Aiden always had a girl on the mind back when they were teenagers, and he never understood that Imogen just is not that way. “He didn’t want to change,” she states clearly. “It’s viewed as a death sentence. Everyone I talk to says you don’t exist anymore.”
“Well, maybe they just don’t understand,” Aiden says, getting defensive again about his decision.
At least he got to make a decision, Imogen thinks. “If there’s a way to come back for those who didn’t want the change, they should have a choice,” she insists.
“This isn’t the time for this conversation, Sister,” Aiden tells her, as if they are at a family dinner and he does not want it to get awkward.
“Then I’ll take it up with her when I arrive,” Imogen shoots back.
“You’re welcome to do that,” he says, though the way his voice cracks, he probably intends to be nowhere nearby when it happens. “Uh, I’m sure when she gets to hear this recording in person, she’ll be… ‘delighted’ is perhaps too strong a word. Very interested.”
“Further enraged?” Imogen suggests.
“Productively enraged. It’s a harsh memory for her. As you said, some people didn’t have a choice, aye. When the Overmind was in charge, nobody had a choice. We do what we can, make the best of our situation. I’m sure whatever disagreements you may have had with her before, she’ll be willing to overlook, seeing as you helped out with this.”
“I’m pretty sure she said death was too good for us.”
“She’s a very emotional person, you have to understand. She’s got a lot on her mind trying to run the sector and all. It’s very stressful,” Aiden says, coming to the defense of his Queen. “Look, I don’t fully understand what you did or didn’t do. That’s not really my business. I don’t want to pry into that.”
“What is your purview? Are you just going to zerg school now?”
“Uh, I’m, um, just trying to understand the situation, get the lay of the land, so to speak…”
Imogen shakes her head at Aiden’s constant scheming to avoid work. She cannot contain a sigh. “Brother!”
“I want to understand where I best fit in, and that takes time, you know? You can’t rush these things.”
“I told you where you best fit in! You best fit in making sure that zerg and terrans can live together peacefully without innocent bystanders getting killed in the process,” Imogen lectures Aiden.
“Oh, what’s that, Sister? You’re breaking up!” Aiden says overly loudly into the radio.
Imogen can hear the smile in his voice, but she remains serious. “Don’t you remember? I’m the one with the plans, and you’re the one that does the job.”
“Aye, Sister. Aye, Sister,” Aiden relents, though he adds, “And it’s probably occurred to you that I don’t always like hearing your plans, even though most of the time they do work out.”
“If I didn’t make them, you’d never do anything. Look at how your plan turned out!”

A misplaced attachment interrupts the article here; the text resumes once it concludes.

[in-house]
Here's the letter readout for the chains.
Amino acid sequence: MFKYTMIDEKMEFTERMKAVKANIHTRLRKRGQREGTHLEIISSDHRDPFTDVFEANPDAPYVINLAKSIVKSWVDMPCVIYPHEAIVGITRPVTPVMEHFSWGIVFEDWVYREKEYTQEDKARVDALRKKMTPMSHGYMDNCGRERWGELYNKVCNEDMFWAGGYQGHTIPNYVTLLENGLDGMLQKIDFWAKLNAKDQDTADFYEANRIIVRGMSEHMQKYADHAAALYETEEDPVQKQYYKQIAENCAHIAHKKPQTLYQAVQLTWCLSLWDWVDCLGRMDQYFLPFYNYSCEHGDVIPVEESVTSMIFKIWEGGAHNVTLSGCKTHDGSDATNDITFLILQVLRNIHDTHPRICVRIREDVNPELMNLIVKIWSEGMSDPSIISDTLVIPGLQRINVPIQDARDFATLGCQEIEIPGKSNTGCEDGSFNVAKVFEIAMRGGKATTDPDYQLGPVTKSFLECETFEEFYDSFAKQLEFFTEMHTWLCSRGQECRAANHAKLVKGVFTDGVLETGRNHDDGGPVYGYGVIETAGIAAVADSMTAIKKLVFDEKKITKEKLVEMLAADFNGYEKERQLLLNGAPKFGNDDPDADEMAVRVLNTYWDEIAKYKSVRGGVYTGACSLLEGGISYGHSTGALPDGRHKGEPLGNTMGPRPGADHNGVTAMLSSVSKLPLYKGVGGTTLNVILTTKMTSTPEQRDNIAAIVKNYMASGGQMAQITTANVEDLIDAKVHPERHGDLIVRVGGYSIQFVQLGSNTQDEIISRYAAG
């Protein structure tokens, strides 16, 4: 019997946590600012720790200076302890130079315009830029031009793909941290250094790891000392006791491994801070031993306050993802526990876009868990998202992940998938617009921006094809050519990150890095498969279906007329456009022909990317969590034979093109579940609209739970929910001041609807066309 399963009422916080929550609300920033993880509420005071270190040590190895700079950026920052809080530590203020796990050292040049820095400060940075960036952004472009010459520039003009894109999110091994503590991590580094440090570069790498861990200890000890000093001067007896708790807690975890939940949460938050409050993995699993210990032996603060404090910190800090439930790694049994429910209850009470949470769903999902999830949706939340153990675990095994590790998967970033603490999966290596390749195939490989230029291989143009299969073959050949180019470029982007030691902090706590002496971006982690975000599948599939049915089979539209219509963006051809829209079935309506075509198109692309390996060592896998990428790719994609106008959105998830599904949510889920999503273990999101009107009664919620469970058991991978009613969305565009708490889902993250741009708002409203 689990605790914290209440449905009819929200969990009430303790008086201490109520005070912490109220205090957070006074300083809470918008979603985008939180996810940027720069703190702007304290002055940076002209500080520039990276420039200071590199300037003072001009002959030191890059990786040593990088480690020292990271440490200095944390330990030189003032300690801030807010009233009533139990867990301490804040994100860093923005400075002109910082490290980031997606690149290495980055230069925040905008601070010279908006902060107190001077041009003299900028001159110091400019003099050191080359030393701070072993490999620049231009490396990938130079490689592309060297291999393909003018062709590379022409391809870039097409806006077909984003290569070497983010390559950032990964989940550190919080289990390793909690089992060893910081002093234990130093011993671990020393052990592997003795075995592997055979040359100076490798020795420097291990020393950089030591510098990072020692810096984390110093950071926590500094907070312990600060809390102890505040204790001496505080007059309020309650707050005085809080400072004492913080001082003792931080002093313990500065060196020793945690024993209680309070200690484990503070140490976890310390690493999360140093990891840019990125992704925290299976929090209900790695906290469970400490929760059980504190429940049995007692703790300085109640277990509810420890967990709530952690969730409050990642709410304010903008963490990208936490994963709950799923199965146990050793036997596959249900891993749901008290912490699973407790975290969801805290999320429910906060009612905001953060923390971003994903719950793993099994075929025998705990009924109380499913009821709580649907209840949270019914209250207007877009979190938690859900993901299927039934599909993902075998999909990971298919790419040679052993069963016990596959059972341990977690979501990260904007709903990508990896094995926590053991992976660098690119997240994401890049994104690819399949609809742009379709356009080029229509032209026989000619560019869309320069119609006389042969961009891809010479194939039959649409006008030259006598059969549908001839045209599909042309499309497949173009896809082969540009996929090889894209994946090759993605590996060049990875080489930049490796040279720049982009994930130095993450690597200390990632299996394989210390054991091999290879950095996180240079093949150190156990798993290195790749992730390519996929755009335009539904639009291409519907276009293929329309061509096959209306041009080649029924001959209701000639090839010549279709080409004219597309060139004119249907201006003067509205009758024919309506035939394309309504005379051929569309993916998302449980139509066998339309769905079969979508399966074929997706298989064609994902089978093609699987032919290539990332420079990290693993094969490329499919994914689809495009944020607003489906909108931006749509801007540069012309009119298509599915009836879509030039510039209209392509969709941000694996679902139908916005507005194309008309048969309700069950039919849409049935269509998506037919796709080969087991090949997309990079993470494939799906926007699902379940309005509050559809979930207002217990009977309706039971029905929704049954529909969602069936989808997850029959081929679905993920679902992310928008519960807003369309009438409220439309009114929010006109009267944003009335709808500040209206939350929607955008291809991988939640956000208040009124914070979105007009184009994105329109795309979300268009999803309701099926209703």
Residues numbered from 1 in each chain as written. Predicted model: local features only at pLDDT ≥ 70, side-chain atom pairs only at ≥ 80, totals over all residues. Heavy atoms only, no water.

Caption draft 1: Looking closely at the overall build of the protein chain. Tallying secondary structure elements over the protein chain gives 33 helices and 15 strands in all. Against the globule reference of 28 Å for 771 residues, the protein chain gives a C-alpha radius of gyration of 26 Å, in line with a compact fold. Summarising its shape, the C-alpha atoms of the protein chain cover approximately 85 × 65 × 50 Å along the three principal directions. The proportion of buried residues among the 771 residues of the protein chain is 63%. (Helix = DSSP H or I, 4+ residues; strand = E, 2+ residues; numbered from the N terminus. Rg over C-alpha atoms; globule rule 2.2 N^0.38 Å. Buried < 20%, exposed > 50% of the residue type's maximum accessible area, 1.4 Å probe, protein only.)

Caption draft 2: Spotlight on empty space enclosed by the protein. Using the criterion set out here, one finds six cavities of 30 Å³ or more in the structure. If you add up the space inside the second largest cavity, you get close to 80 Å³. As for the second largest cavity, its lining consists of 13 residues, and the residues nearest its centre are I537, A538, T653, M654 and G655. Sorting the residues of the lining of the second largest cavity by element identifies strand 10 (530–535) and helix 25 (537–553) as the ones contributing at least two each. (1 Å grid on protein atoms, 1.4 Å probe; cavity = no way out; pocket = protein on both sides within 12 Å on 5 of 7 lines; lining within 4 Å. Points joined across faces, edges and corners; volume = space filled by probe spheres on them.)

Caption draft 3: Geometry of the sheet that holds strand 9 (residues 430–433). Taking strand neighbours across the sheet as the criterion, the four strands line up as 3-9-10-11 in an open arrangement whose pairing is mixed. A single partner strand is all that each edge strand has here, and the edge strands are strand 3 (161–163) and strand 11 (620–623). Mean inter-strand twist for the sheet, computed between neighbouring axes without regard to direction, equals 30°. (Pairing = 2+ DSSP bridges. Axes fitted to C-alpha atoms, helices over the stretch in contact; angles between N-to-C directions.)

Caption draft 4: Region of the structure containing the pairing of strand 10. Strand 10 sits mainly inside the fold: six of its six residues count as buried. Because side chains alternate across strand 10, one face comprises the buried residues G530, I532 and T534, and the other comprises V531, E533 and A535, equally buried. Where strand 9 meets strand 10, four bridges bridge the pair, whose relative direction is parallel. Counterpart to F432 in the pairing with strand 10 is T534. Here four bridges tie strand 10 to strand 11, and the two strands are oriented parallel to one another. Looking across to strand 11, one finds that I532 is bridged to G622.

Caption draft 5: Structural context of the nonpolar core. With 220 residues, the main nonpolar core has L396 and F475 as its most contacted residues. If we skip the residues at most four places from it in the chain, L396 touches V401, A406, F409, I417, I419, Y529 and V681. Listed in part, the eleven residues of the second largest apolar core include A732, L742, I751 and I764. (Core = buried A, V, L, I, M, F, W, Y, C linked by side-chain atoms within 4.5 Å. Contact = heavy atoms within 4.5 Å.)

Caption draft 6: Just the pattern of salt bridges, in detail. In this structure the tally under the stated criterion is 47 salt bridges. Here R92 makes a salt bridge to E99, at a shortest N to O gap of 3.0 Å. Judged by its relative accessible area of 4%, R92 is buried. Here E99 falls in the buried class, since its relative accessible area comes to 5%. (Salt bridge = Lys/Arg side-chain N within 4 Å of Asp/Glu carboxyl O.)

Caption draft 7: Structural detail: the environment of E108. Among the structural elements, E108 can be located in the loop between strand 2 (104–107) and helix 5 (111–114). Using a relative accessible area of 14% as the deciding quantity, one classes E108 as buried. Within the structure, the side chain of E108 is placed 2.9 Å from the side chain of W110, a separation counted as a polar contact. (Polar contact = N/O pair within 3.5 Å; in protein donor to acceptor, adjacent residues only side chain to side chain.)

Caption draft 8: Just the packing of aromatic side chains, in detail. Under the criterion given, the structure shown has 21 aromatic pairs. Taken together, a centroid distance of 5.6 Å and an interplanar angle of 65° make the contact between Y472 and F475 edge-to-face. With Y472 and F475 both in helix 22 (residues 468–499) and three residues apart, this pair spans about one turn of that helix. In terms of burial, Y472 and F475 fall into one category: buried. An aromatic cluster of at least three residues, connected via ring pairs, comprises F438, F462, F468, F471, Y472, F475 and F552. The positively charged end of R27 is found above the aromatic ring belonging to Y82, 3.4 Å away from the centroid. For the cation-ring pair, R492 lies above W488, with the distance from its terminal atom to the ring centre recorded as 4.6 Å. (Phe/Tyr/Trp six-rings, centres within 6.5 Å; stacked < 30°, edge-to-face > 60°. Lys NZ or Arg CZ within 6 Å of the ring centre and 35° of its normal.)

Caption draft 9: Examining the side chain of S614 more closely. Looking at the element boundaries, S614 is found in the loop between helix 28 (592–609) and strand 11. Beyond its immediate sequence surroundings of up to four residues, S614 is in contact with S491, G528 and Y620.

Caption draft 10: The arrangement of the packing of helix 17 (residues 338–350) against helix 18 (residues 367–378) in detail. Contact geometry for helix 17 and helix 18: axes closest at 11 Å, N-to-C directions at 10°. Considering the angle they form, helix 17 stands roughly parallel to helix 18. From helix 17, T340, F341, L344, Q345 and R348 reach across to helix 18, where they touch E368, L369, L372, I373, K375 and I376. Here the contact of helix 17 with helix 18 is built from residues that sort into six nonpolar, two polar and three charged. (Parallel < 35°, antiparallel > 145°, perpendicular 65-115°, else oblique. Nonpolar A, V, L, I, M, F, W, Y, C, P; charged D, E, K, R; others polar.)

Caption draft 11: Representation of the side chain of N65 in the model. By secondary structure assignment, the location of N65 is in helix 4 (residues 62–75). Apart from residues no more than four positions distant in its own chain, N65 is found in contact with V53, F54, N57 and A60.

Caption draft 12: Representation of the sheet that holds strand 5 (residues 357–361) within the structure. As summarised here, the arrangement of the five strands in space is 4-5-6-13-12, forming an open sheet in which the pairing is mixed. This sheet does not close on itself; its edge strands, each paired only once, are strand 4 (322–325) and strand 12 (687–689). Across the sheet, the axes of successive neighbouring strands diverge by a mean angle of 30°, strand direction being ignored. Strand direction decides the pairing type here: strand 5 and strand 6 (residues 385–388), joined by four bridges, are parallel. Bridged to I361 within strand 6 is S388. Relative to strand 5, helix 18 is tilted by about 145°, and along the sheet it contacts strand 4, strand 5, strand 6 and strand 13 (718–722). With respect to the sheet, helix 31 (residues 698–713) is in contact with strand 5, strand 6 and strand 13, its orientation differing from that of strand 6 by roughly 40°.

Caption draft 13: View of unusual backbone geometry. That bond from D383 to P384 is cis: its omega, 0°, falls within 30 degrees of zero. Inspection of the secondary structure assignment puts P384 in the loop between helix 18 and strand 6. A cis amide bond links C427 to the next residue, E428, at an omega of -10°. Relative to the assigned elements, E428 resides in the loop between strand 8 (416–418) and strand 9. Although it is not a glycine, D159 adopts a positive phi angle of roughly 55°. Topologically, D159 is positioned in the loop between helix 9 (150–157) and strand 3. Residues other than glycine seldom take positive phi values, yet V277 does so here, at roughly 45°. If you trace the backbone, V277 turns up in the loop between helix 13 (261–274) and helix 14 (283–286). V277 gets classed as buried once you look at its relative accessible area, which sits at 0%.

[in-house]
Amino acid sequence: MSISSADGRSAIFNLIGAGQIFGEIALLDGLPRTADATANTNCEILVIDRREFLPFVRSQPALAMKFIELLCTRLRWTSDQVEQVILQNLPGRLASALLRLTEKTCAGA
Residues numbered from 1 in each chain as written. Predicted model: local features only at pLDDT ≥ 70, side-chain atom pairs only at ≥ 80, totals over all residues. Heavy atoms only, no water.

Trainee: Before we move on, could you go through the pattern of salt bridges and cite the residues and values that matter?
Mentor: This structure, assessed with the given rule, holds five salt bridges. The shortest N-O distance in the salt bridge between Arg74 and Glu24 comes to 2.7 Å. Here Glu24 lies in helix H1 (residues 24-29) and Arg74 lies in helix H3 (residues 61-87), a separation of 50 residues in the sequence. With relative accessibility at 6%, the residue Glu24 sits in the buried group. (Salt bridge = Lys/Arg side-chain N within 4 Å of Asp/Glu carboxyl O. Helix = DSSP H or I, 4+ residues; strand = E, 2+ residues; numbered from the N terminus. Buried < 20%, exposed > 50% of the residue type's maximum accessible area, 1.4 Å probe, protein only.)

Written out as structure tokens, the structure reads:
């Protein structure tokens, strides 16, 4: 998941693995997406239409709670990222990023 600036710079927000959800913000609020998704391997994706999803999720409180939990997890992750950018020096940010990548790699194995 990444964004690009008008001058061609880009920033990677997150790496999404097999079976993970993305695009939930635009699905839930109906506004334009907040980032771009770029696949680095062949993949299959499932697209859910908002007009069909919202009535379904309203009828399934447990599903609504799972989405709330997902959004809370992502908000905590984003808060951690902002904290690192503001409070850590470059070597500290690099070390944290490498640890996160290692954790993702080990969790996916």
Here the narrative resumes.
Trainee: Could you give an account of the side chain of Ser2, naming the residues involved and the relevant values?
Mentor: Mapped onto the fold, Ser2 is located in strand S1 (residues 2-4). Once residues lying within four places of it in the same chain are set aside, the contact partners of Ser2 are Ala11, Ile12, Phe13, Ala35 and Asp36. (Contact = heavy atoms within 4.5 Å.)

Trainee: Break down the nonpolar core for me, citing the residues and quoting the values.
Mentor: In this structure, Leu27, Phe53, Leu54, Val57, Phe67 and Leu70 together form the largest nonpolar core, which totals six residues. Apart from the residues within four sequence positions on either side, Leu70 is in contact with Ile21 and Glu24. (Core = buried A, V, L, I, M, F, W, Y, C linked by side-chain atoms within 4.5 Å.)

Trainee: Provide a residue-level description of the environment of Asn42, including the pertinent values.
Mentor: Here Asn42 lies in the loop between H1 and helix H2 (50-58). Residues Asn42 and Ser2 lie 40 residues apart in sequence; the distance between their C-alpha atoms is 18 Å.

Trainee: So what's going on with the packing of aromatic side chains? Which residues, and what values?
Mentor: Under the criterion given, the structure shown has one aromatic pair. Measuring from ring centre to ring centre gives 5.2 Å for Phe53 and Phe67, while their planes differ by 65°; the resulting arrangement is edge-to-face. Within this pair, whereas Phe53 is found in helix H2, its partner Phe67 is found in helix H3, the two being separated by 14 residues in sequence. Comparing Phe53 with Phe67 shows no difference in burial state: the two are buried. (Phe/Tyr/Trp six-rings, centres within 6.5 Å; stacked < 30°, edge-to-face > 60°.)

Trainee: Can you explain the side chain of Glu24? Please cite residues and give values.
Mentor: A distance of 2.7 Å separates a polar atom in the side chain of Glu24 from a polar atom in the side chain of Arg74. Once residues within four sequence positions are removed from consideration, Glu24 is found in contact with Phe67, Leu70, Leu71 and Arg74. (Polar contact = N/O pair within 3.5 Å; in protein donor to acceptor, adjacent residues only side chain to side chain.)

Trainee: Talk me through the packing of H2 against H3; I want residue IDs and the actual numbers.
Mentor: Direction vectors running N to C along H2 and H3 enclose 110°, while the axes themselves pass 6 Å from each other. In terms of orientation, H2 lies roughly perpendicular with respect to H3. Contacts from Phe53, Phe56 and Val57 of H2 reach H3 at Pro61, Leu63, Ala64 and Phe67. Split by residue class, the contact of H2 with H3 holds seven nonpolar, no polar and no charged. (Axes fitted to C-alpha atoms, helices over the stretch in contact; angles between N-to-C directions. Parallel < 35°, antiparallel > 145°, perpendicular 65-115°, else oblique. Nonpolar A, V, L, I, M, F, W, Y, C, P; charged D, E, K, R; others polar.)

“Could be worse.”
“Ma and Da think it is.”
“Aye, and I do regret that, but that is for the best.”
“You’re not on vacation. We’re adults now.”
“It’s not a vacation, aye, but it’s not the drudgery that I understand a lot of the folks in the Dominion have to do. Working day in, day out for nothing. It’s not like that at all. No one’s out to get me here. And I won’t say it’s a perfect collectivist utopia—I obviously don’t have full understanding, and the Queen is very much in charge—but I want for nothing here, and I help out where I can.”
Imogen feels like Aiden is not hearing her at all. “There’s more than just you,” she reminds him again.
“Aye. I’ll see what I can do,” he says with a sigh, his fun spoiled by her earnestness. She may not have undergone a biological transformation like he did, but she has changed in the years they were apart. “It’ll be good to see you again, Sister. I do miss you.”
“Aye, I miss you, too.” She agrees to come to Char and checks on whether any sort of passcodes are needed to travel safely through the system. He is already familiar with Saffron and assures her that the vessel will be recognized when it gets close enough. He advises her, though, to make sure there are no Dominion stowaways aboard. “We don’t even have Snowball anymore,” she tells him. This is news to Aiden; clearly he has to get better at listening in on the zerg grapevine.
One ship the size of Saffron is not going to generate any Dominion interest heading to or from Char. Any Dominion monitoring of that system is focused on Are the zerg leaving?! Is it time to panic? Given the travel time from Mar Sara to Char, Imogen figures she and Lilly can fit in the visit before the rendezvous with Malorn. She tells her brother they will be there in a few days.
Aiden gives Imogen the coordinates for a relatively safe landing site. It is a rocky, volcanic world with almost no plant life. “I do miss the greenery of Umoja, but you get used to it,” he says, trying to stay optimistic. It is a bit warm, but he has adapted to the heat, on multiple levels. “What is it they say, over and out?”
The call ends, and foul smells pour out of the zerg radio. Coughing, Imogen grabs her respirator and rechecks the device to make sure it has not burnt itself out. Then she pulls some tubes down from the ceiling and activates the hood above the science station to start clearing out the air.